We can monitor individuals who work with certain beta emitters with a urine bioassay if there is reason to believe we need to look for internal contamination. A urine sample measured on a liquid scintillation counter can indicate whether the worker has taken some radioactive material internally. Nearly 100 percent of some beta emitters are excreted in the urine; for others it may be just a few percent. The excretion of the radionuclide into the urine is dependent upon the chemical form of the radionuclide, how it is metabolized, and the half-life of the radionuclide. Internal contamination with some gamma emitters can also be measured in this manner; however, the next two paragraphs discuss other techniques more commonly used for gamma emitters.


Thyroid counting is performed for determination of internal radioactive iodine uptake. This is a noninvasive test. Radioactive iodine, when taken into the body, seeks out the thyroid gland and deposits there. A thyroid count generally consists of the placement of a scintillation detector in front of the thyroid gland (the instrument is outside the body at the neck level) for one or more minutes with the resultant count indicating the presence or absence of radioactive iodine.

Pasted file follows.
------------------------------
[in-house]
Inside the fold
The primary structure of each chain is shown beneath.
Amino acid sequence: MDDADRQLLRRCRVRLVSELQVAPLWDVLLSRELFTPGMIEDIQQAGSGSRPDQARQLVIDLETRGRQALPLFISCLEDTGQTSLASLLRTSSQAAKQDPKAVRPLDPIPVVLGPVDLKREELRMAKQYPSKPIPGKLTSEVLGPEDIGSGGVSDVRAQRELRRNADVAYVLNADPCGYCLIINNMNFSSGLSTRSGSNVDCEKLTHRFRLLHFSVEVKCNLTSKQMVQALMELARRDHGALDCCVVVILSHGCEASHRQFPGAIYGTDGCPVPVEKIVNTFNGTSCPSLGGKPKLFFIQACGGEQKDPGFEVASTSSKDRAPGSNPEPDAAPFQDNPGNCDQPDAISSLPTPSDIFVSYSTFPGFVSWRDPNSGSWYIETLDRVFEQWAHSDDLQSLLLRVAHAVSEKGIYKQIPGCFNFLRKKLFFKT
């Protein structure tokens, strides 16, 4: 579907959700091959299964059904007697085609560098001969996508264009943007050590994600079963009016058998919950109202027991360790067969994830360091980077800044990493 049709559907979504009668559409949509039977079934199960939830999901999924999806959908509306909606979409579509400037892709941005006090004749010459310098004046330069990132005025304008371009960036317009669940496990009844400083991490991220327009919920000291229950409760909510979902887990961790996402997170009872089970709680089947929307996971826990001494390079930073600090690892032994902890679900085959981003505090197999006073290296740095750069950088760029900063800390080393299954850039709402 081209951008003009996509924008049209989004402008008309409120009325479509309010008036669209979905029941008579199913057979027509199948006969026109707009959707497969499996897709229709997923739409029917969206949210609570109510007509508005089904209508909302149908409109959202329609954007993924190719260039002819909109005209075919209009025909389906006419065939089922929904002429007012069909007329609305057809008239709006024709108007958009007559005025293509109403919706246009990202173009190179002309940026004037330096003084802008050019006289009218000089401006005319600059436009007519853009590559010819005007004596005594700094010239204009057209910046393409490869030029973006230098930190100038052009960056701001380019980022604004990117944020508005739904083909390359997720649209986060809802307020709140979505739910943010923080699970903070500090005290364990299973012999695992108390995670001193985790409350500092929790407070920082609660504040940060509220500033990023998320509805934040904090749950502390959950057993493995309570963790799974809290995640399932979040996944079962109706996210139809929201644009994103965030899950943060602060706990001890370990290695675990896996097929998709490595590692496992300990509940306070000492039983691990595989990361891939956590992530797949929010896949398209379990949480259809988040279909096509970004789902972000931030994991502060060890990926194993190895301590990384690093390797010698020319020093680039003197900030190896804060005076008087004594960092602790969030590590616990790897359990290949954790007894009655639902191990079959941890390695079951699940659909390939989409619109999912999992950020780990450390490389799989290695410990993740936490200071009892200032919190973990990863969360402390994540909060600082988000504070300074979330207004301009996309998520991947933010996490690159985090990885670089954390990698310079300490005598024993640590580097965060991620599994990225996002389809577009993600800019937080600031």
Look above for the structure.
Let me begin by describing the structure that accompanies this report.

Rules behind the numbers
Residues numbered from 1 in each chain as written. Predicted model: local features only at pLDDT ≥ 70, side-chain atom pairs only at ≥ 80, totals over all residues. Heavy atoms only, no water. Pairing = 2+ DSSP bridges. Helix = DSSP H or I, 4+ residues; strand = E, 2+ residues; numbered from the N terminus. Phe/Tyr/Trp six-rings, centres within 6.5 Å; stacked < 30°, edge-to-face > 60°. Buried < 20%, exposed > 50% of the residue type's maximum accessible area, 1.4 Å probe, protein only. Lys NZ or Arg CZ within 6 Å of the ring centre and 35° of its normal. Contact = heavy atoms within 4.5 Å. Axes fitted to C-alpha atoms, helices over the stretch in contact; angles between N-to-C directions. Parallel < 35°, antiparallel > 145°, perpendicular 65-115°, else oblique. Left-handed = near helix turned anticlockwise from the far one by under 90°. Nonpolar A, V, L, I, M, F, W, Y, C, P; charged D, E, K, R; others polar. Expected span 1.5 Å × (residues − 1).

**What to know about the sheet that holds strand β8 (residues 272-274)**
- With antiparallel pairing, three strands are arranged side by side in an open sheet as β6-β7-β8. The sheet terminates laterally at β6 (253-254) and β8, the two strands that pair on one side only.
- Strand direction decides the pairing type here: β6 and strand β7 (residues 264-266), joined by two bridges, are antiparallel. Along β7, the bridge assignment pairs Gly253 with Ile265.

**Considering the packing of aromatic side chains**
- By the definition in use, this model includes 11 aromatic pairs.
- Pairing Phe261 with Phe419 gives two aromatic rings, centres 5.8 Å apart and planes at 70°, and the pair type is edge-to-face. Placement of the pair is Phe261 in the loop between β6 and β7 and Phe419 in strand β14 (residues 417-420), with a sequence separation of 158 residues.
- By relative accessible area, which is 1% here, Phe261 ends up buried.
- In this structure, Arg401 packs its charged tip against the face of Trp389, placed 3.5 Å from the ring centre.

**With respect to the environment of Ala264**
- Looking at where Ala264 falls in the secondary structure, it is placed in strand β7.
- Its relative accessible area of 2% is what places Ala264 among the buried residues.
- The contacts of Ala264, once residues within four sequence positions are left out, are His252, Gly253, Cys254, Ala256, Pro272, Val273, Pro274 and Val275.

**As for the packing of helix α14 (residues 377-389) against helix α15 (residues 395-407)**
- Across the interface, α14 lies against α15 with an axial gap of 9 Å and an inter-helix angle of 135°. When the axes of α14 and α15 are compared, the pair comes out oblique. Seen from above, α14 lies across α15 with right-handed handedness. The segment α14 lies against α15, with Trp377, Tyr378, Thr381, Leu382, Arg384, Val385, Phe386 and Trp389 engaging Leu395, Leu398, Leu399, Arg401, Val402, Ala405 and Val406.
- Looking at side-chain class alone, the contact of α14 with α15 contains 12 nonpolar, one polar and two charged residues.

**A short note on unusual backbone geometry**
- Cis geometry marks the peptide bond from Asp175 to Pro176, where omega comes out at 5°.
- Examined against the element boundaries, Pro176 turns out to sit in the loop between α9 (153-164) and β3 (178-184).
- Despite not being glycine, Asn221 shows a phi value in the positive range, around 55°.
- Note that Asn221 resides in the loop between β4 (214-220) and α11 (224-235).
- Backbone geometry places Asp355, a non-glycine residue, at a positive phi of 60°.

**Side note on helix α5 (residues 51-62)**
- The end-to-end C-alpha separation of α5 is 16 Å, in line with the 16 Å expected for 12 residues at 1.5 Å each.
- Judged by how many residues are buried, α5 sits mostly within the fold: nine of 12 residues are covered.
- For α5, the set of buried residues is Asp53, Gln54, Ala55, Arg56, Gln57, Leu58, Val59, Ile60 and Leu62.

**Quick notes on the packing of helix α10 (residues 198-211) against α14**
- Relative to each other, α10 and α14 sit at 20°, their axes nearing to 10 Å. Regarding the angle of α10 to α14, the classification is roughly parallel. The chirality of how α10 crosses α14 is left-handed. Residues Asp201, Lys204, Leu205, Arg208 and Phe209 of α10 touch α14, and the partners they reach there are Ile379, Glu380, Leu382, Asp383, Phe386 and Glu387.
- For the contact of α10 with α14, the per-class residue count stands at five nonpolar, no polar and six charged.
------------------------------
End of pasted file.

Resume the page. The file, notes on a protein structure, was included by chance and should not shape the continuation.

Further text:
Whole-body counting is performed to detect the presence of medium- to high-energy gamma-emitting radionuclides within the body. This is noninvasive. Whole-body counting can also be used to determine the distribution of a gamma emitter throughout the body. A whole-body counter may be a chair, bed, or standing type. In nearly all cases, individuals being counted have a series of detectors near them (usually scintillation detectors) that will detect the gamma photons being emitted from the radionuclide source in their body.